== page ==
In an evolving world, with consumers aging out of the market and new tastes and values emerging with generational change, comes the microscope over New Zealand export markets. Stemming from strong primary sectors, questions are being asked now not just of animal welfare, food safety, price and provenance but also sustainability practices. As the topic of climate emergency and consumer awareness comes to the fore, consumers now want to know not just where their food comes from, but how did it get there.
The aim of this project is to uncover positive contributions being made by meat processors operating in New Zealand’s grass-fed red meat sector, and highlight any pressures that may arise in future to really shake up the paddock to plate story-telling, to include processor to plate messaging. Often, the important processing component of that story is not told well, if at all.
In this body of work I will aim to identify how meat processors in New Zealand are harnessing their sustainability potential and responsibility, why it is important and how their social licence to operate is affected during this process. To truly understand this, I have conducted interviews with red meat industry leaders to hear their experiences and learn about what action they are taking. I have also looked at literature relating to social licence to operate, sustainability and how our actions alter our supply chain within New Zealand’s export significant, red meat sector.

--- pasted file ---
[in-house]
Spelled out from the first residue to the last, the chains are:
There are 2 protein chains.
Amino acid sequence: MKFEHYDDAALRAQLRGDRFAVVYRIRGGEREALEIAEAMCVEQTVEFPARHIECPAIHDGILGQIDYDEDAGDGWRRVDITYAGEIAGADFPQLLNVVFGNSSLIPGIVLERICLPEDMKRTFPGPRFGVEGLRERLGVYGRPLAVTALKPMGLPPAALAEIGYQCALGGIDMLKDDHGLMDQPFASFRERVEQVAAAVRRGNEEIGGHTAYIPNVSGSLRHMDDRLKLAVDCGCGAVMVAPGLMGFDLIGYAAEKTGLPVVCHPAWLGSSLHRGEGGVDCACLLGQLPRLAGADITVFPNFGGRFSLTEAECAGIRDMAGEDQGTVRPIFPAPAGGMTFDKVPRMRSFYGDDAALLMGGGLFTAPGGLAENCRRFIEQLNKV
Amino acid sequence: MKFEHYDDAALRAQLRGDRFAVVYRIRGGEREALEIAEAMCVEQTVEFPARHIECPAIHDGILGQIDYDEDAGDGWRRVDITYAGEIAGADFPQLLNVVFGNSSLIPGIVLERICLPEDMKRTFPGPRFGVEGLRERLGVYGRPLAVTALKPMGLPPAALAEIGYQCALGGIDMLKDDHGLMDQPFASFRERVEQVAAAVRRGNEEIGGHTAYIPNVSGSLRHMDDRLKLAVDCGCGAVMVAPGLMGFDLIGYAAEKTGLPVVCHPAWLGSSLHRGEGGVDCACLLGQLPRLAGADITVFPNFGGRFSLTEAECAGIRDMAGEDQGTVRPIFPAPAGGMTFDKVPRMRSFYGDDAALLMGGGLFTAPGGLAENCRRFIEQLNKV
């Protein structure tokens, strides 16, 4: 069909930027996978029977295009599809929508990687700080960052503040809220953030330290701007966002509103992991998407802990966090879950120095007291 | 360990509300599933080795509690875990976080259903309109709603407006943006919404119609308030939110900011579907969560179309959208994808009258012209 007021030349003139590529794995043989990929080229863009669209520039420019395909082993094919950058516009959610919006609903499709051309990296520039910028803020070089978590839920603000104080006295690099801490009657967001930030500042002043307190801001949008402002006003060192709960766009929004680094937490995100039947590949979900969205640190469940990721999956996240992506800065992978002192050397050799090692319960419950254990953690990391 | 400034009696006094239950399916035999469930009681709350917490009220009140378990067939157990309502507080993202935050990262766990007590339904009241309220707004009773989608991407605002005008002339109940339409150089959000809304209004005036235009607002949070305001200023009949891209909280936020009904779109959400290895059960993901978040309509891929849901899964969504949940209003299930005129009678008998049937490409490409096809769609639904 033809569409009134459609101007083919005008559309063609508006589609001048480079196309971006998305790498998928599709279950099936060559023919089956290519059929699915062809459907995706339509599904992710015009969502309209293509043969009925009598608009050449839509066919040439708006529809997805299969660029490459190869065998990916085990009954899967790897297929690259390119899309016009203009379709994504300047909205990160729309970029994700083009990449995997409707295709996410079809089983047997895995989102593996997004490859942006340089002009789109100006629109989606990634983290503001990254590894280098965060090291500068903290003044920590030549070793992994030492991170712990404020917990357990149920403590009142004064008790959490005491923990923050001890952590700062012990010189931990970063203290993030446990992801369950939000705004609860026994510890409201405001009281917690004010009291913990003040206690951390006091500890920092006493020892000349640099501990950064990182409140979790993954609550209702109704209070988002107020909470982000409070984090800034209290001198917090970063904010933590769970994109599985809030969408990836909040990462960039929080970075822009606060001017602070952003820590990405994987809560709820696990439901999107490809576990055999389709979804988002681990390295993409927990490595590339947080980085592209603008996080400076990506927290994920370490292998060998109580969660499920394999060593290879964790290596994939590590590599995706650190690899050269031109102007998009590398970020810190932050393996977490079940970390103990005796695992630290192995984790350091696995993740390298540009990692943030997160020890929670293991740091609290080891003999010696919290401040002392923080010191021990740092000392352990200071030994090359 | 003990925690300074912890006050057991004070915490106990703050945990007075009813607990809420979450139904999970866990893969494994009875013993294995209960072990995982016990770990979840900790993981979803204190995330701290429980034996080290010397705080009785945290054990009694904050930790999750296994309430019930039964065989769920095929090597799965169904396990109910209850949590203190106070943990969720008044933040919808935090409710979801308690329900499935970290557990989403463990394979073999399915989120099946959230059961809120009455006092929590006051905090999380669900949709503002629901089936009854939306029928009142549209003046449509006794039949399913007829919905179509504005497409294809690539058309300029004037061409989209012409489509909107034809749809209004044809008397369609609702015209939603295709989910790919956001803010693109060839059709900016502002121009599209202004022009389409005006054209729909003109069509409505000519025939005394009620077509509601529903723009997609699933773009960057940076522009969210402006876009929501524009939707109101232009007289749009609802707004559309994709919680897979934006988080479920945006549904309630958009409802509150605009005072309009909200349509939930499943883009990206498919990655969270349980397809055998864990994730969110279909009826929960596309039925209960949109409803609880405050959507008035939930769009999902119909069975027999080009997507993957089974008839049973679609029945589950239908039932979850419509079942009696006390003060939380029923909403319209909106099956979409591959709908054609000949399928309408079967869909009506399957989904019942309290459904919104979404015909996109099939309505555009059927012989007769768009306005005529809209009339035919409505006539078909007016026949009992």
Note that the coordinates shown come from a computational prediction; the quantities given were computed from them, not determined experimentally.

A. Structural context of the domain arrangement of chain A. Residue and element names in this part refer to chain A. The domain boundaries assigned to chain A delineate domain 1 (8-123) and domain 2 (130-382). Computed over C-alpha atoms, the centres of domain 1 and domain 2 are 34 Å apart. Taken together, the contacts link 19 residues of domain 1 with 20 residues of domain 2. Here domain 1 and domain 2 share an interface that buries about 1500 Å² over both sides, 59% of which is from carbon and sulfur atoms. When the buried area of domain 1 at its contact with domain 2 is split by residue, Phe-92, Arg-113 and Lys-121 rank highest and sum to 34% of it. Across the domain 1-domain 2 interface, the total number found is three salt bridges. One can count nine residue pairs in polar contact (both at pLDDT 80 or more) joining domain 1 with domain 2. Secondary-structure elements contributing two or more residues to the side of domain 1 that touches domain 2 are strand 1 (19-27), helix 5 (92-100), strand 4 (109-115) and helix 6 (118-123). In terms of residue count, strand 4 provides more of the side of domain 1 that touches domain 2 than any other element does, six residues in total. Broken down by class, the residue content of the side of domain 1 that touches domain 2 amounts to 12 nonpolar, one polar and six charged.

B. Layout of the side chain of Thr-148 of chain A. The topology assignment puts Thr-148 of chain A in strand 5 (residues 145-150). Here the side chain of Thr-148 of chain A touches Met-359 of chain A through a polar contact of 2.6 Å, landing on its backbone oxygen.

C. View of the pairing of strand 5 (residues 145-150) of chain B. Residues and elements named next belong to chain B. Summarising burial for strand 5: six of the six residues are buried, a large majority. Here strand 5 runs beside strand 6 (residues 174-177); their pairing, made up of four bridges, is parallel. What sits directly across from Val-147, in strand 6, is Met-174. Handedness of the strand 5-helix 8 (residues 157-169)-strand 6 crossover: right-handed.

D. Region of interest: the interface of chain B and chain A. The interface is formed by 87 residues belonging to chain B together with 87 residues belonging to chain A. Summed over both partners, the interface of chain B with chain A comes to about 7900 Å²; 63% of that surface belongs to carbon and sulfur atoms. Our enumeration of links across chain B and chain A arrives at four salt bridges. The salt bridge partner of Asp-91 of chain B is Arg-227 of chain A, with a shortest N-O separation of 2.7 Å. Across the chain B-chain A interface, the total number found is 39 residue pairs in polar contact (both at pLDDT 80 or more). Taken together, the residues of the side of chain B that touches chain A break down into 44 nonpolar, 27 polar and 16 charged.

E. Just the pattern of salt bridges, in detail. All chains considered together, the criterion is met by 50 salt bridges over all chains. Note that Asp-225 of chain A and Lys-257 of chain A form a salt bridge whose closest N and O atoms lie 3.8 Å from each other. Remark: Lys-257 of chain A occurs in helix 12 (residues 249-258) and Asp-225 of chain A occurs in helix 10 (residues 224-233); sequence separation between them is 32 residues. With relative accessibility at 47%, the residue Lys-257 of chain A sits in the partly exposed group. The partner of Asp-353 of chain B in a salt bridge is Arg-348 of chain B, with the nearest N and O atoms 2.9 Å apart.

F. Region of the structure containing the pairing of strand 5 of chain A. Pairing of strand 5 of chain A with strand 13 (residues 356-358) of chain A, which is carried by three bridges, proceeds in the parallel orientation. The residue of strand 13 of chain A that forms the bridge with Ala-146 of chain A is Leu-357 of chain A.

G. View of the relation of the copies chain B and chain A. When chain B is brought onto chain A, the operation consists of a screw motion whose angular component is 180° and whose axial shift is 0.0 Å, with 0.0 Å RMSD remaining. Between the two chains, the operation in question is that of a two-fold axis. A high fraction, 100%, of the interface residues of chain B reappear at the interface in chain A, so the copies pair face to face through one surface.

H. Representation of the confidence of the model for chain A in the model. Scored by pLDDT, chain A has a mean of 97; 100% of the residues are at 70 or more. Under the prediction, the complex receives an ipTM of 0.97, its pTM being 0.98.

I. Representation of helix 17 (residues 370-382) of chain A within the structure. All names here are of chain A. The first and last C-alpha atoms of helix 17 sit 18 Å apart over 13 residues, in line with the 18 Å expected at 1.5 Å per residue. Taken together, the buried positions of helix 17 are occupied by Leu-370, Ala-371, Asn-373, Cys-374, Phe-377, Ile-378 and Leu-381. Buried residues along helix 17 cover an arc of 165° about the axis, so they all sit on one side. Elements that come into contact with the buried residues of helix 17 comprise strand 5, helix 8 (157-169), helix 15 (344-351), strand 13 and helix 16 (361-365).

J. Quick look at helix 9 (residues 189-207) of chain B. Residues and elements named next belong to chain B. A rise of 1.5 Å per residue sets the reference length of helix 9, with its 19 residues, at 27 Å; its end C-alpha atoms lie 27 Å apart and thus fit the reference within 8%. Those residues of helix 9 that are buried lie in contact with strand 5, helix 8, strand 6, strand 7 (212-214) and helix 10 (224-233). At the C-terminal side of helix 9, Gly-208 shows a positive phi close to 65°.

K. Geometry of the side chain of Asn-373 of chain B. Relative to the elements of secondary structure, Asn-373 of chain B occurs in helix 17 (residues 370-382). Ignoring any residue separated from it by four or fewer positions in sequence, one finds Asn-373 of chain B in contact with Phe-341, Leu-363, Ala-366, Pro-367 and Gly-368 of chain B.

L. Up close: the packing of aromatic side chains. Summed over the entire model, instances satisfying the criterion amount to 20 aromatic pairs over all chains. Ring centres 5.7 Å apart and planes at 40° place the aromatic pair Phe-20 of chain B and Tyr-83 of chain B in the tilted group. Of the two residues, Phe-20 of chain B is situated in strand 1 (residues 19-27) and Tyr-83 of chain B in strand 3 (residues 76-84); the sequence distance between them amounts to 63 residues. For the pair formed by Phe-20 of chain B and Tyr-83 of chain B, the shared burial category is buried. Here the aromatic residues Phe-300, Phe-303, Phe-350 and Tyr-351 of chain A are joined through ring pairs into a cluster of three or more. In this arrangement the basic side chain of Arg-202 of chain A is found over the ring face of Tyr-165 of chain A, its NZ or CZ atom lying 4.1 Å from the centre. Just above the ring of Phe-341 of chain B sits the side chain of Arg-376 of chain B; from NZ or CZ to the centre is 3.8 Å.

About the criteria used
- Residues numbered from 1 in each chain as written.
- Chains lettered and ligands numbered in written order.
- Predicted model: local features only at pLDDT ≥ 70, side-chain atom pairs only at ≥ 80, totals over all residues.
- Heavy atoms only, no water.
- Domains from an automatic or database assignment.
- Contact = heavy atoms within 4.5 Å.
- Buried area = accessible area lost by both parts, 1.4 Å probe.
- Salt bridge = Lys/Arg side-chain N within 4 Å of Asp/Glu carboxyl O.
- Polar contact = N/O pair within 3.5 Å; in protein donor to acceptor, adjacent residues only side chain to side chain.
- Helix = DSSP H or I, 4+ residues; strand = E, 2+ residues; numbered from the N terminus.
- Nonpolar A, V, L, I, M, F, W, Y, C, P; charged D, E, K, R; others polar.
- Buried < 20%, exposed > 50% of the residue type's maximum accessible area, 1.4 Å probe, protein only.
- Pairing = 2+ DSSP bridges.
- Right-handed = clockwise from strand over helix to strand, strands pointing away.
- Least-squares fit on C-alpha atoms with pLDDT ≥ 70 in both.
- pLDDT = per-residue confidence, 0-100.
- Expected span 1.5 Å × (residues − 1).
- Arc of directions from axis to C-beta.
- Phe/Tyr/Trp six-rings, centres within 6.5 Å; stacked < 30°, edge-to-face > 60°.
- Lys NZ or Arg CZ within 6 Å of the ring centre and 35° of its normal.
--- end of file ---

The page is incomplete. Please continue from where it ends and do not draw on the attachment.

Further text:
The method used to complete this project was qualitative research. Structured interviews designed to get the in terviewee thinking not just about the ‘what’ and ‘how’ of their changing practices but more so, why? Why does it matter and how can it be beneficial in each facet of the business.
During my interview research, the main message was resounding. Interviewees viewed their export product as:
- Clean and green
- Pasture fed
- Antibiotic free
- Hormone free
That is how New Zealand agriculture is viewed as a global product and has been for the past 50 years! All of the above reflect the fantastic industry many generations have enjoyed and worked hard to create and maintain, ever since the first shipment of frozen lamb left Port Chalmers on the 15th February 1882. But how are New Zealand’s meat processors viewed at the end of that chain, and how to we get the words climate friendly, sustainable, sophisticated and forward thinking onto that list. There is a level of social, economic and environmental responsibility required of New Zealand red meat processors which will be covered in more detail throughout this report.
Final recommendations include:
- Coopetition models to combat labour shortages and enhance social wellbeing.
- Equity partnerships around topics that matter such as the image depleting bobby calf industry.
- Further research and investment into natural gas capture and reuse as fuel, water conservation and fertiliser alternatives from meat processor by products.